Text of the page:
When you look at the new cover to WSJ's magazine you might suddenly be hit with a sense of Déjà vu. Certainly you've seen it before, but can't exactly remember from where. Don't worry you're not alone, it's because the new cover seems to be a spin to Vogue's August 2013 editorial spread photographed by Craig McDean . The kicker? The WSJ cover and spread was shot by none other than our favorite plaid wearing, controversial photographer Terry Richardson.
Yesterday Tamron announced the development of a new lens, but what caught my attention more than specs and the PR-speak that comes with a product launch was the way the new lens looked... strikingly like what Sigma is going for. I’m excited and happy to see Tamron pushing with a new design, but they have a lot to prove with the change and, arguably, a lot to lose if it doesn’t stack up.
When it comes to bags, I’ve come close to seeing it all. I have a bag for basically any situation plus spares in each category. Over the years I’ve seen different designs from a broad range of manufacturers, and that means I’ve seen both good and bad ideas. Bags are seen as a commodity, and I won’t argue they aren’t. But in their attempt to reinvent themselves and grow out of that box, sometimes we end up with bag designs we never needed or asked for. That’s why it’s such a relief when a bag company just makes a no gimmicks bag that just works.
With the growth of powerful and reliable small cameras, it’s only natural that photographers look for bag options that fit the new compact lifestyle. That said, if you’re like me, even if you plan on “downsizing,” you don’t want to give up too much, you just want a more compact version of what you already have. I took the Think Tank TurnStyle with me overseas and used it as my primary bag to see if it could act as my go-to travel satchel.
What ever happened to loving a camera for the camera? Why does everything we buy have to fill a utilitarian hole? What happened to a love for the craft and as much as for the tool? There has been a lot of chatter around the Nikon Df and if we as photographers need it. It's gone so far as to suggest that it represents all that is wrong with photography these days. I want to argue the opposite. I want to argue it represents what many of us have lost as photographers: joy in the craft.
Tonight Nikon will announce announced the "revolutionary" Nikon DF Camera. By "revolutionary" I mean that they have taken a full frame sensor from a current digital DSLR and put it into a non-ergonomic retro body and removed many features, including video. Are we excited about this camera because of the photography we will be able to capture with it or are we excited because we will look trendy and fashionable holding it?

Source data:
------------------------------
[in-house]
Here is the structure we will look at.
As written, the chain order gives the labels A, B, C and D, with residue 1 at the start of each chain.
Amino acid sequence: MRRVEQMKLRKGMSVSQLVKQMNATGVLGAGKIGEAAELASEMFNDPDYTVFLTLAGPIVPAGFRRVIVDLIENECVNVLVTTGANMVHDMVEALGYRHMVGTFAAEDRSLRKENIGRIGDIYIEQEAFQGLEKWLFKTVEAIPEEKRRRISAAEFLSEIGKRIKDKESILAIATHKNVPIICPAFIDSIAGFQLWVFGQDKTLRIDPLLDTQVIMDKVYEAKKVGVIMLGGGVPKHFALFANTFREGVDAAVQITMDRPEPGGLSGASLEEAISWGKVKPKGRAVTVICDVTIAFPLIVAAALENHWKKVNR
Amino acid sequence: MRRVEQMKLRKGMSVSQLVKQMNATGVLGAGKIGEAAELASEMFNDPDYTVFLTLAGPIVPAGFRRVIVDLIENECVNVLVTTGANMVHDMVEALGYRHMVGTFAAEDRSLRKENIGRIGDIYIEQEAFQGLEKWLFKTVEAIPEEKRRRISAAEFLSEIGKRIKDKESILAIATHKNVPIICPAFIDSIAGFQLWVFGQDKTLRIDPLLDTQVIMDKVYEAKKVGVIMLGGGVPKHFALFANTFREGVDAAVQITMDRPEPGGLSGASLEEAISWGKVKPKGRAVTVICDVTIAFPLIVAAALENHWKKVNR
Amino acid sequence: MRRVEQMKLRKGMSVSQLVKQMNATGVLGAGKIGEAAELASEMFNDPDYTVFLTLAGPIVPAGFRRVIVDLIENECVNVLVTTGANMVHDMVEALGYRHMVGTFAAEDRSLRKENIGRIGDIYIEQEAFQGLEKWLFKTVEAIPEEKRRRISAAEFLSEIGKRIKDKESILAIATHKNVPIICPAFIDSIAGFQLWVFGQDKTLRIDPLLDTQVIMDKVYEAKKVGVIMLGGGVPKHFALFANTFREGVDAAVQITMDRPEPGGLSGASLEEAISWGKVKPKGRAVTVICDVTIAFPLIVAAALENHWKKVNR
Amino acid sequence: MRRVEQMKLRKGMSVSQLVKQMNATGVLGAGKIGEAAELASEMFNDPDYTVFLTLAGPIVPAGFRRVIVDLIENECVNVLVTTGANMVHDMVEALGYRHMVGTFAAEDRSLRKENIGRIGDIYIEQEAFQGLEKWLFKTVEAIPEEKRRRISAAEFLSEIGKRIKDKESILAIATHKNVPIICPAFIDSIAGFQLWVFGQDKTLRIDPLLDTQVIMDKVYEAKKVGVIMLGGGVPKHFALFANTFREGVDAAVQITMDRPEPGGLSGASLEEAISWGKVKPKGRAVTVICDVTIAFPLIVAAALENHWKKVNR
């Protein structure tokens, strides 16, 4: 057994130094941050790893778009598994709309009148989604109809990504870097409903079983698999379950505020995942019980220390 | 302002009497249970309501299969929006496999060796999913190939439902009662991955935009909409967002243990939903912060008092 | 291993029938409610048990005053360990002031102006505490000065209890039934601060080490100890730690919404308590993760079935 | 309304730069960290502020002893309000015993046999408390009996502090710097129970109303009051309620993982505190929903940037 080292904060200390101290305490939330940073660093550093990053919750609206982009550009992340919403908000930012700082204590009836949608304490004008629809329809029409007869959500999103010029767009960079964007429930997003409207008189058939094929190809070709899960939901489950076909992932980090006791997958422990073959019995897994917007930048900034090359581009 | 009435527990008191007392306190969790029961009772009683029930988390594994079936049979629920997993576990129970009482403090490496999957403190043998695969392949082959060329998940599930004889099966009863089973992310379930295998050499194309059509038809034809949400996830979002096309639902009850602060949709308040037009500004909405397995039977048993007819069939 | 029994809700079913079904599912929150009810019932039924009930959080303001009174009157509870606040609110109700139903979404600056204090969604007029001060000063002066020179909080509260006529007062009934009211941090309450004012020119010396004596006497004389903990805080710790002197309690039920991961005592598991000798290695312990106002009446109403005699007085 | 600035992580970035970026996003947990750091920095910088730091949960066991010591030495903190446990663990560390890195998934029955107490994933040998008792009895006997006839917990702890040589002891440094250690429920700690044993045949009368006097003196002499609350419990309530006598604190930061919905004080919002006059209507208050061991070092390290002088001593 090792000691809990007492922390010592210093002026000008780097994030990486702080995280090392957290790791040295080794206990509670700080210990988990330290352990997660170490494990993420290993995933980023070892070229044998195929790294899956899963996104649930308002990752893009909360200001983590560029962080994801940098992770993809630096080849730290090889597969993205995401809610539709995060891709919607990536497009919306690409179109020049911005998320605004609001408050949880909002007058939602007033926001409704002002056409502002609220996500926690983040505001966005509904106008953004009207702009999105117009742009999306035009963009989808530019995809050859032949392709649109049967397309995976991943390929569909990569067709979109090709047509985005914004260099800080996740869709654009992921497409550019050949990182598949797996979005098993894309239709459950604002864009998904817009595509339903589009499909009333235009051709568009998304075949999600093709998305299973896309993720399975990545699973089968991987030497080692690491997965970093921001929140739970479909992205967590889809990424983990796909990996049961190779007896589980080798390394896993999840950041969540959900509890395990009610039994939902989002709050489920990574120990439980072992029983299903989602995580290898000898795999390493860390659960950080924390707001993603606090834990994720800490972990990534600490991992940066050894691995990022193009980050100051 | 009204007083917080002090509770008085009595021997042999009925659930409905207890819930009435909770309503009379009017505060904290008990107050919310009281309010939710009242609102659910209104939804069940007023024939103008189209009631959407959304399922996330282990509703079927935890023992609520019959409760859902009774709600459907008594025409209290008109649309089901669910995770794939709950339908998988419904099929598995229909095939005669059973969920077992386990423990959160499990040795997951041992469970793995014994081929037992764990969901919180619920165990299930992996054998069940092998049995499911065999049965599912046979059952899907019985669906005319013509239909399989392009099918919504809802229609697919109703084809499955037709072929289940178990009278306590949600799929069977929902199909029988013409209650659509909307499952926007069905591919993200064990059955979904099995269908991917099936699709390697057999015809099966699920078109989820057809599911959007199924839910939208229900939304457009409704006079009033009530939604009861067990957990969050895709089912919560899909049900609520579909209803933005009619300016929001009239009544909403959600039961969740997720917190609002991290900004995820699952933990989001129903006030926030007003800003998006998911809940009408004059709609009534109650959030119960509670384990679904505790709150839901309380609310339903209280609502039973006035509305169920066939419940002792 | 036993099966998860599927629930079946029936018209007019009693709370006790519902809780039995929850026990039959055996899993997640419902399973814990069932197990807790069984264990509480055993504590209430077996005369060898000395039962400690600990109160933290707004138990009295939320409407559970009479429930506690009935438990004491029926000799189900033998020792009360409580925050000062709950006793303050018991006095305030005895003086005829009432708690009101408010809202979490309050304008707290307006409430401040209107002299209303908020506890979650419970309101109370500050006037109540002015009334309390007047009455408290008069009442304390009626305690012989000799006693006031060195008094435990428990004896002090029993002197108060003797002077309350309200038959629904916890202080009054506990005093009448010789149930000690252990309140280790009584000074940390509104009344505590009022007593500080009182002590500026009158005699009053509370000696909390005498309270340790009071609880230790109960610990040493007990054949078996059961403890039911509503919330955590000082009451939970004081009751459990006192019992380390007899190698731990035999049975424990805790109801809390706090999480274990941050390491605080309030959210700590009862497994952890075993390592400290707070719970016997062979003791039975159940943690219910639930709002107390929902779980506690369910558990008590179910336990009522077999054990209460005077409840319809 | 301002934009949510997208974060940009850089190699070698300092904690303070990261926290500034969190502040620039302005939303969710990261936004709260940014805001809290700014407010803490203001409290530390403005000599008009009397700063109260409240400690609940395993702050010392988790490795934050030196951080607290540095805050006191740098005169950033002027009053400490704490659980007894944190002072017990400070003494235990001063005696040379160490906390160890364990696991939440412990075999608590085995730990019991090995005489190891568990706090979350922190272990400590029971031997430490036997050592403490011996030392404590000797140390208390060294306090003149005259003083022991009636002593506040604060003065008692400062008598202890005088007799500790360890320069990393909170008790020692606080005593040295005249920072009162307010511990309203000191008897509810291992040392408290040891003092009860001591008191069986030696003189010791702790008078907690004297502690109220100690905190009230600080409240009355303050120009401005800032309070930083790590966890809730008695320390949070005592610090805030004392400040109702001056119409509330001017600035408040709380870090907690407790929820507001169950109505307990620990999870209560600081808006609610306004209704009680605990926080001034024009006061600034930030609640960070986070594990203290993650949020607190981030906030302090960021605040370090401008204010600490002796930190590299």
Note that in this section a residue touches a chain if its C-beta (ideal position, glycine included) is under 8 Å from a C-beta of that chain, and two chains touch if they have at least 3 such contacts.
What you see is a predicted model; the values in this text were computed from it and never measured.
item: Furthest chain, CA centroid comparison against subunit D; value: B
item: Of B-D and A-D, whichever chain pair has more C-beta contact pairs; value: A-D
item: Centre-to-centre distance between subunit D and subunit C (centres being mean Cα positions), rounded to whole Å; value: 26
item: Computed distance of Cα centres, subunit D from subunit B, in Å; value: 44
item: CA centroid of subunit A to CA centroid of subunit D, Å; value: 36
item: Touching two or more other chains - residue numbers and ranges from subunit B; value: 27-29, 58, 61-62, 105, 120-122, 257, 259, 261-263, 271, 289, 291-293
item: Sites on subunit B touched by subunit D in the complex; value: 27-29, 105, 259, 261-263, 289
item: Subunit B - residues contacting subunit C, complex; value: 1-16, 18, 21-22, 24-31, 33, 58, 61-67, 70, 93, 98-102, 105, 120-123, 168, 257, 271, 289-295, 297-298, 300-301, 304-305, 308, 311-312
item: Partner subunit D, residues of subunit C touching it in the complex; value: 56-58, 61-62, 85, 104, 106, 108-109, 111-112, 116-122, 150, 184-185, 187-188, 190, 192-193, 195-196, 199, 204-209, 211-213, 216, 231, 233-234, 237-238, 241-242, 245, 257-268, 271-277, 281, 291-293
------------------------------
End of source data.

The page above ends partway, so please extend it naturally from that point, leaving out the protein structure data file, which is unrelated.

This is it. By now, You will have been inspired, honed your ideas, found the perfect location and booked your talent. You will have taken that little bit of inspiration and nurtured it into a full fledged shoot. If you are anything like me, you will have tossed out far more ideas than you kept and you will have spent hours upon hours solidifying the few that stuck with you. It is safe to say that the hard part is over.
Recently, American plus size model, Tara Lynn, graced the cover of Elle Spain's November issue. You can see that she did an amazing job from the cover shoot. However, every time the term "plus size" is used, I see more and more people become upset. Do you think the term should be banned or is it necessary for differentiation purposes?
A couple weeks ago we reviewed a book by Carli Davidson that was a culmination of a long-term project called "SHAKE." Not long after, we came across Ty Foster's project that focuses on another aspect of something many of us love about dogs. His project is called "Lick" and it's gosh darned adorable.
After 2 years of planning we are extremely excited to announce Fstoppers Workshop Atlantis, our first ever live workshop event. We have 10 incredible instructors and we will be limiting the size of the event to around 200 students. The best part is the location; we are throwing this event at Atlantis Resort in the Bahamas.
I’ve been sent a few messages asking how to get noticed by the people we want to work with and how to approach them. I’m never sure I can help because I’m no expert, but I do try as best as I can. In order to keep my advice consistent, this article sets about the rules I made for myself. By no means are they perfect, you may not agree with many of the points and I know for a fact that I sometimes fail in following them myself. But in general they work for me and I don’t mind sharing what I’ve found.
Chances are you have already learned what Frequency Separation (FS) technique is, as it became mainstream in the past few years. However, many FS technique users actually know very little theory behind it, thus have little control over its implementation. I've set out to research and collect all the important and useful information about it, so we can together learn how to become better at it.
This week we purchased our first LED lights pad kit and I have never been more excited. After much debate on which kit, which manufacturer, how many lights, we finally pulled the trigger on the ROSCO Gaffers Lite Pad Axiom Kit sold at BH Photo. There are so many options on new lights today and the choices are overwhelming. In the end we wanted a large kit that was compact, durable, dynamic, daylight balanced, and easy for a small crew to set up. This kit did all of that.